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ANNUAL REGISTER,

FOR THE YEAR

1869.

PART I.

ENGLISH HISTORY.

CHAPTER I.

Aspect of Public Affairs at the beginning of the year-State of the Foreign Relations

of England - Position of the “ Alabama” Controversy-Continued Depression of Trade - The Revenue, after a long period of buoyancy, begins to decline-Improved tranquillity in Ireland, and prospects of restoration of the Habeas Corpus-Great interest felt in the political situation—The New Parliament and New Administration Circumstances attending Mr. Gladstone's accession to power-His resolution to disestablish the Irish Protestant Church — Arduous nature of that undertakingStatement of the views with which he undertook the Government made by the Prime Minister at Fishmongers' Hall-Reassembling of Parliament on Feb. 16Her Majesty's Speech-Debates on the Address in the two Houses—It is carried in both without opposition-Intention of Her Majesty to receive the Address of the Commons in person from the whole House prevented by illness of Prince Leopold-First Proceedings of the New Parliament-Plan for facilitating Public Legislation proposed by the Marquis of Salisbury—The scheme is referred to a joint Coinmittee of the two Houses, but produces no result-Appointment of a Select Committee of the House of Commons to inquire into the mode of conducting Parliamentary and Municipal Elections— Proceedings of the Committee, and their Report-Catile Disease-Two Bills brought in for the Prevention of Contagious Diseases of Animals—The Bill of Lord Robert Montagu is rejected after debateThat of the Government, proposed by Mr. W. E. Forster, is approved and passed Poor Law Rating and Assessment—Two Bills for the Amendment of the Law as to Rating are brought in by Mr. Goschen, President of the Poor Law Board - Proceedings thereupon in the House of Commons-Repression of Crime-A Bill for dealing more effectually with the Criminal Classes is brought in by Lord Kimberley— Debates on the measure in its passage through the House of Lords.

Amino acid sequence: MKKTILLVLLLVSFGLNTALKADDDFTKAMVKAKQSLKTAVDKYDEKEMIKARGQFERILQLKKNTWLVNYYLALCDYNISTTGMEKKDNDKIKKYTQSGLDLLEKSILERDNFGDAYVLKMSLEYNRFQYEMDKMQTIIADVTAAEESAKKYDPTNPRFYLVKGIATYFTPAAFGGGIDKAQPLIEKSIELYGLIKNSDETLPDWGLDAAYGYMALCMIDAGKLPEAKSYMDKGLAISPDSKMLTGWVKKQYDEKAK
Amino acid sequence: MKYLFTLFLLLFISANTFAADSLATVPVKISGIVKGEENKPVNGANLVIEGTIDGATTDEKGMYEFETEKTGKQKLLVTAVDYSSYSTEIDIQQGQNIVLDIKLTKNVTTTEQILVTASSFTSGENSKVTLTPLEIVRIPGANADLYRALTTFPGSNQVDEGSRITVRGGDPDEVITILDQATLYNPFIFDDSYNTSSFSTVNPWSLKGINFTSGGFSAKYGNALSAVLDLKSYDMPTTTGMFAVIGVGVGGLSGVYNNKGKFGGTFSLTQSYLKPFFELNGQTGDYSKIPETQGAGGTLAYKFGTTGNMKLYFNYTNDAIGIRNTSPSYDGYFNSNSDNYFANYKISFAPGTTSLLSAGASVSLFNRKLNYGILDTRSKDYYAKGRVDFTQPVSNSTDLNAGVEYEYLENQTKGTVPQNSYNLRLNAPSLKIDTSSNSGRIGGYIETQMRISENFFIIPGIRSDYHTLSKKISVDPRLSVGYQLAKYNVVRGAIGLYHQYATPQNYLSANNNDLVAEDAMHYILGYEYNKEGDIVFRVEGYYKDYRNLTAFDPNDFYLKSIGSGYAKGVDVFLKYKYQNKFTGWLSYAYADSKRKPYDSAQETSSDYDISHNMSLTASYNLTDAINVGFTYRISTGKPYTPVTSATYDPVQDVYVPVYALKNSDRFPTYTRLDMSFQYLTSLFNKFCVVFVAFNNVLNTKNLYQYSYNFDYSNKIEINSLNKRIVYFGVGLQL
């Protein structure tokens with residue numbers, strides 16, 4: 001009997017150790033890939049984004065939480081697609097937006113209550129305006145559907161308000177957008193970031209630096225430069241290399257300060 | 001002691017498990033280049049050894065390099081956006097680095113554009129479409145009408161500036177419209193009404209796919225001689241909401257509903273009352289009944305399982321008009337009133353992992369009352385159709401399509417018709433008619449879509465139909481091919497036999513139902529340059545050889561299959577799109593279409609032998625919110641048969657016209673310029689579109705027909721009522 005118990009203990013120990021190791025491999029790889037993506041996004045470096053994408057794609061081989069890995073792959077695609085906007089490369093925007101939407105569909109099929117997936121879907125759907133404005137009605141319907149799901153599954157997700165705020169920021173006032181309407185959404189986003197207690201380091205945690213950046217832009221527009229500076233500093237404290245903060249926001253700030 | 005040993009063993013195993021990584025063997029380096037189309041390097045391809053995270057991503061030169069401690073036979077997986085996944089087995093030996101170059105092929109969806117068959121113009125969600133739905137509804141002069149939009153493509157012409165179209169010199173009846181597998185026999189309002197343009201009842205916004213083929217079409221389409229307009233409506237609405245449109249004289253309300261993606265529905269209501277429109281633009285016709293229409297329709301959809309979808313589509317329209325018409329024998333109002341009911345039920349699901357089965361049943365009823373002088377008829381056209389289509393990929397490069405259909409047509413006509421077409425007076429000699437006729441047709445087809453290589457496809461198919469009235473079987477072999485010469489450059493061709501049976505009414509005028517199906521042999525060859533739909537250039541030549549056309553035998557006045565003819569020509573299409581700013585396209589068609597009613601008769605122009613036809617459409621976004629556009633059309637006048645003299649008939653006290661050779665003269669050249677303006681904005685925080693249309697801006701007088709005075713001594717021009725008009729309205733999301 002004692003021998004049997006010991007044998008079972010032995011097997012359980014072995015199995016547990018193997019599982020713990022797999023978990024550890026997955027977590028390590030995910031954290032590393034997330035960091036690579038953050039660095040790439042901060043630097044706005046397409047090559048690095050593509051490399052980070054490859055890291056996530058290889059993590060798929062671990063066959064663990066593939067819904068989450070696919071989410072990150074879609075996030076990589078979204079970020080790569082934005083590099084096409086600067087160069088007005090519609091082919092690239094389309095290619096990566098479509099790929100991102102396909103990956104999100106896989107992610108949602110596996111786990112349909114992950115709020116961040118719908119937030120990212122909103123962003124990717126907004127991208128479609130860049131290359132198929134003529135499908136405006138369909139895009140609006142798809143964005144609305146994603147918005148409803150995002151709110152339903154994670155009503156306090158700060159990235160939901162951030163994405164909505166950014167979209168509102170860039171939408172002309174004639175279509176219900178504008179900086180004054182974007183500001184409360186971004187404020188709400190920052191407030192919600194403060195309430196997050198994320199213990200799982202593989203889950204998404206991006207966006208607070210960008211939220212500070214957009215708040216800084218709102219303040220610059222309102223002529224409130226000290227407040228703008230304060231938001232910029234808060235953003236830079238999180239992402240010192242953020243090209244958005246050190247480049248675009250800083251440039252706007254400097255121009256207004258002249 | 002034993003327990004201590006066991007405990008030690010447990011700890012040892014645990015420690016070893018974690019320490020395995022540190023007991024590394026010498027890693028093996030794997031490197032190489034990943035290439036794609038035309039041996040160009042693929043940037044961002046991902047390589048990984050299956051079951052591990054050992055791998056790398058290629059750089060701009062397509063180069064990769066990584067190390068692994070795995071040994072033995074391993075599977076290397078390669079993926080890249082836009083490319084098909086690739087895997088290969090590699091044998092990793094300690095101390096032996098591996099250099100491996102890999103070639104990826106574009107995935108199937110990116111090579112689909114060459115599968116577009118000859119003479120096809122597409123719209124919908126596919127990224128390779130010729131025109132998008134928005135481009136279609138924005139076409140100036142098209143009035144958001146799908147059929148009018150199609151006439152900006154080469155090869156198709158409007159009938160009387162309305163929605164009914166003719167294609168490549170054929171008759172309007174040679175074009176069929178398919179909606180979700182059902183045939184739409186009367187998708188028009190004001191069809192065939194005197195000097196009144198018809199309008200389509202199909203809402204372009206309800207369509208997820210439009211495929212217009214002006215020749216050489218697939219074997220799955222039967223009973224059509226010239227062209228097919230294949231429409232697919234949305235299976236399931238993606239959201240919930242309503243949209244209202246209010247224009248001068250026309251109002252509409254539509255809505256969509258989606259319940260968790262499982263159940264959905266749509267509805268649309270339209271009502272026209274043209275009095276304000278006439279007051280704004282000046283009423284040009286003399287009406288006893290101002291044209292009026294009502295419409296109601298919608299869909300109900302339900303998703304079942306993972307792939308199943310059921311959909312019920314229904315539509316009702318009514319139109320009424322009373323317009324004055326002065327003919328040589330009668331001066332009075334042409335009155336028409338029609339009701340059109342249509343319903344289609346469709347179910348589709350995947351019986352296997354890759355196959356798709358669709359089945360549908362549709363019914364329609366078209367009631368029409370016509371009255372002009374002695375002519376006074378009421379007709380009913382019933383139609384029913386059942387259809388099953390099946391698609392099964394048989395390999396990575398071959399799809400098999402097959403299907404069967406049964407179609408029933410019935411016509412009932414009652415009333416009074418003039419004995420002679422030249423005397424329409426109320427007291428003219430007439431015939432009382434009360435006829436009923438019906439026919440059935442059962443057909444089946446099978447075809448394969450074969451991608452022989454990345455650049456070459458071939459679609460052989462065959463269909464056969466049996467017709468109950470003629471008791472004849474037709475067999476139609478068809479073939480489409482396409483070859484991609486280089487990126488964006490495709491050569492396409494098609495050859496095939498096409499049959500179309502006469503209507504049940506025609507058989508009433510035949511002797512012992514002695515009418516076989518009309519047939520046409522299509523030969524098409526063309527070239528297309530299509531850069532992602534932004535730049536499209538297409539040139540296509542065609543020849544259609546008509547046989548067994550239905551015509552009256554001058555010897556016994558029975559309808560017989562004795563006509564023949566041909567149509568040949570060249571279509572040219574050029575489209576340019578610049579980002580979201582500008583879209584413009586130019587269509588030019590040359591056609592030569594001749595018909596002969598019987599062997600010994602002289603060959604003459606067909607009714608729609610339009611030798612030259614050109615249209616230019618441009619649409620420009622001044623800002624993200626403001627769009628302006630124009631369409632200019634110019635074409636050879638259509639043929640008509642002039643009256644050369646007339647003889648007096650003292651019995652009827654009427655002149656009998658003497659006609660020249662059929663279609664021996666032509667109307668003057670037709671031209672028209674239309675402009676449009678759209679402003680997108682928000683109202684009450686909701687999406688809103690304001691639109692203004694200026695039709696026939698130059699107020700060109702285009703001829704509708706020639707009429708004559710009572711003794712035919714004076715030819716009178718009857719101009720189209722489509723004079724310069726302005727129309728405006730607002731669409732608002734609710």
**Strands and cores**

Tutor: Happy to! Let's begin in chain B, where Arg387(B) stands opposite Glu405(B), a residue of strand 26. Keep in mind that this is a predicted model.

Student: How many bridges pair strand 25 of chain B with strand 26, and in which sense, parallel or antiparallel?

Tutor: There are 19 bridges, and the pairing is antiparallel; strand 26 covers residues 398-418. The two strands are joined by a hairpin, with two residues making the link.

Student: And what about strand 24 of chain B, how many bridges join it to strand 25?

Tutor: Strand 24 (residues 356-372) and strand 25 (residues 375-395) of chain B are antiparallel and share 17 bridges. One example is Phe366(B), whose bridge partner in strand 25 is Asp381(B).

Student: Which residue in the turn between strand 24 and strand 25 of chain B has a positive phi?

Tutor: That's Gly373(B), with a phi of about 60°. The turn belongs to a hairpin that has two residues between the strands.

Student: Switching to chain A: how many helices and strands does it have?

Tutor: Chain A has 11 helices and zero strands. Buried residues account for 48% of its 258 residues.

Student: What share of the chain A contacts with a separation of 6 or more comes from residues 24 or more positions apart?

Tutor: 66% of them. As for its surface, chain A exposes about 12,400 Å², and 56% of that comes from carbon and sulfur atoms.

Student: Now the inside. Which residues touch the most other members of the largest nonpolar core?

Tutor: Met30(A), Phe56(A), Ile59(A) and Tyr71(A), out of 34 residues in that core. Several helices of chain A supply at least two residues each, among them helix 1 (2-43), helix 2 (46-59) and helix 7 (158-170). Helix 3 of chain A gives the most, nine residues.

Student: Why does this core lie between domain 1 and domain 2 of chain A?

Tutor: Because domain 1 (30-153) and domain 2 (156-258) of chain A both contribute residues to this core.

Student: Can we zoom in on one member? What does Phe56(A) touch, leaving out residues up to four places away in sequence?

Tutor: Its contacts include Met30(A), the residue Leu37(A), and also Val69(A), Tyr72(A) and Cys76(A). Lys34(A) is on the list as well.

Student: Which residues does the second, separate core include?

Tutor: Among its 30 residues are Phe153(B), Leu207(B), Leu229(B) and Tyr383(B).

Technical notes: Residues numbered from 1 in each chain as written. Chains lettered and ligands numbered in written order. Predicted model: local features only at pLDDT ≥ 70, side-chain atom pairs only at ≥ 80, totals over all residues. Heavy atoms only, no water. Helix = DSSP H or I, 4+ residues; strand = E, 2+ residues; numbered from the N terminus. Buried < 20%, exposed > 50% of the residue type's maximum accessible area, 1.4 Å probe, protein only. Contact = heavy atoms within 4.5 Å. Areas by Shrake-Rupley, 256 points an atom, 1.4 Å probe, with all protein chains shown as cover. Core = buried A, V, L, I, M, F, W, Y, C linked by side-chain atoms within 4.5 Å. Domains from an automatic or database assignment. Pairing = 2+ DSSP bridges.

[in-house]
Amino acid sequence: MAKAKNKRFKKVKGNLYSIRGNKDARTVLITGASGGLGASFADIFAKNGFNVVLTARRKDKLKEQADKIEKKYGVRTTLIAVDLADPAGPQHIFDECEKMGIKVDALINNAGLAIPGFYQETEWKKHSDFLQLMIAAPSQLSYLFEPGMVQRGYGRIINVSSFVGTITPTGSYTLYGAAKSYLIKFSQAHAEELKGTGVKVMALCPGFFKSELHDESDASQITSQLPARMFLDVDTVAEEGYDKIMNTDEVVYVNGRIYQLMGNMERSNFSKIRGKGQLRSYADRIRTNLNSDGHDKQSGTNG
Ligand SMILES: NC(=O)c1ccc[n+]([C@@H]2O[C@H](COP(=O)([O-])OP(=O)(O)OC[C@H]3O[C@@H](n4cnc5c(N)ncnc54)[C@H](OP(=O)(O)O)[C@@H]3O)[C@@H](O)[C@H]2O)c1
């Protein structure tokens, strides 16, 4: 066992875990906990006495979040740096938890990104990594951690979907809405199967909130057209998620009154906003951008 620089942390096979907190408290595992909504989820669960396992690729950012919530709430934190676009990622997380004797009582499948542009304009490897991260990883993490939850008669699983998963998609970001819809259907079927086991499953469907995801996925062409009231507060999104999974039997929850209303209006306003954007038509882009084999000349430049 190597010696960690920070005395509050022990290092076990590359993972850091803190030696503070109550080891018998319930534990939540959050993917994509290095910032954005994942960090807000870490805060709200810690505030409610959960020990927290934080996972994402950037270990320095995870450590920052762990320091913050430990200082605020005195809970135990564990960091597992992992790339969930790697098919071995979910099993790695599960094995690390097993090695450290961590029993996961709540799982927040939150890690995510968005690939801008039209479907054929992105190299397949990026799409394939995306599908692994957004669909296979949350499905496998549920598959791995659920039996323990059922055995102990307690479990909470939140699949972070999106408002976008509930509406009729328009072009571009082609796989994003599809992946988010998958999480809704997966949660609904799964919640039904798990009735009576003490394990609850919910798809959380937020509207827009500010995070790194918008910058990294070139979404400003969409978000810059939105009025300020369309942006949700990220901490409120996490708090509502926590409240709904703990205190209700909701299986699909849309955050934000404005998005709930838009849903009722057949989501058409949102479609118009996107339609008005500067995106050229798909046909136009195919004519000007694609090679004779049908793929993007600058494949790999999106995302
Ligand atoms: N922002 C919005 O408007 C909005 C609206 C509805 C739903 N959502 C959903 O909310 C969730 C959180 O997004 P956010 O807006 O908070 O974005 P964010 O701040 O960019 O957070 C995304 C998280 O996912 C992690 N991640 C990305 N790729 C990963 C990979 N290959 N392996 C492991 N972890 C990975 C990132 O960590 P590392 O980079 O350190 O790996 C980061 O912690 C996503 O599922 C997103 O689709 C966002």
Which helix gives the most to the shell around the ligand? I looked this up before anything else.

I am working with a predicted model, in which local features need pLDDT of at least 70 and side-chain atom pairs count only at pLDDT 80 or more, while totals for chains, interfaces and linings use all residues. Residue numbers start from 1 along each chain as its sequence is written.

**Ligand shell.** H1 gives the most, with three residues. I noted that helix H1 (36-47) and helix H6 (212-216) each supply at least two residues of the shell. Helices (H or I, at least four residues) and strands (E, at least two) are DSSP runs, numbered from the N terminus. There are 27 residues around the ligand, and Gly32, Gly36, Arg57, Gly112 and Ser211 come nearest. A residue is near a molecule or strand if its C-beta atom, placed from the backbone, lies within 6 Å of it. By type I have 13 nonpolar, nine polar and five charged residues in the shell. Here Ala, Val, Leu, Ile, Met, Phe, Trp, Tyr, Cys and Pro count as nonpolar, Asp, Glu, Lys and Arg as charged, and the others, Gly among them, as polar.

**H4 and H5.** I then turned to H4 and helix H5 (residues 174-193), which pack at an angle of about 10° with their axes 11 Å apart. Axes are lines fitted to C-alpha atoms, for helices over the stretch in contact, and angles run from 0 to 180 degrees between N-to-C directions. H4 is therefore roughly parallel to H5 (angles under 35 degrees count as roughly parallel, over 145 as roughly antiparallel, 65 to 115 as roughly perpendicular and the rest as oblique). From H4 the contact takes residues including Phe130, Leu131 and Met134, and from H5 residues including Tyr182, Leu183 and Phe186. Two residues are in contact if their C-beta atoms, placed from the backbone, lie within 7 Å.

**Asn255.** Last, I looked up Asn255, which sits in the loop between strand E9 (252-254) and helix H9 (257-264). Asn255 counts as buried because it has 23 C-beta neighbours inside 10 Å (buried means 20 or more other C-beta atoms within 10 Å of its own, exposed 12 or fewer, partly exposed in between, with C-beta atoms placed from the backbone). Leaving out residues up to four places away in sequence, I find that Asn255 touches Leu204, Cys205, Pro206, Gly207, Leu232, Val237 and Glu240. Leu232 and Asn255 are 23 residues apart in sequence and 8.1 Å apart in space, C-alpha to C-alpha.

The condition of public affairs in the United Kingdom at the commencement of the year 1869 was not otherwise than prosperous. The successful termination of the Abyssinian Expedition had raised the credit of our military administration, and had reflected honour upon the country in the eyes of Europe. The relations of England with Foreign States were amicable and satisfactory, and there seemed at the period in question to be fair ground for expecting that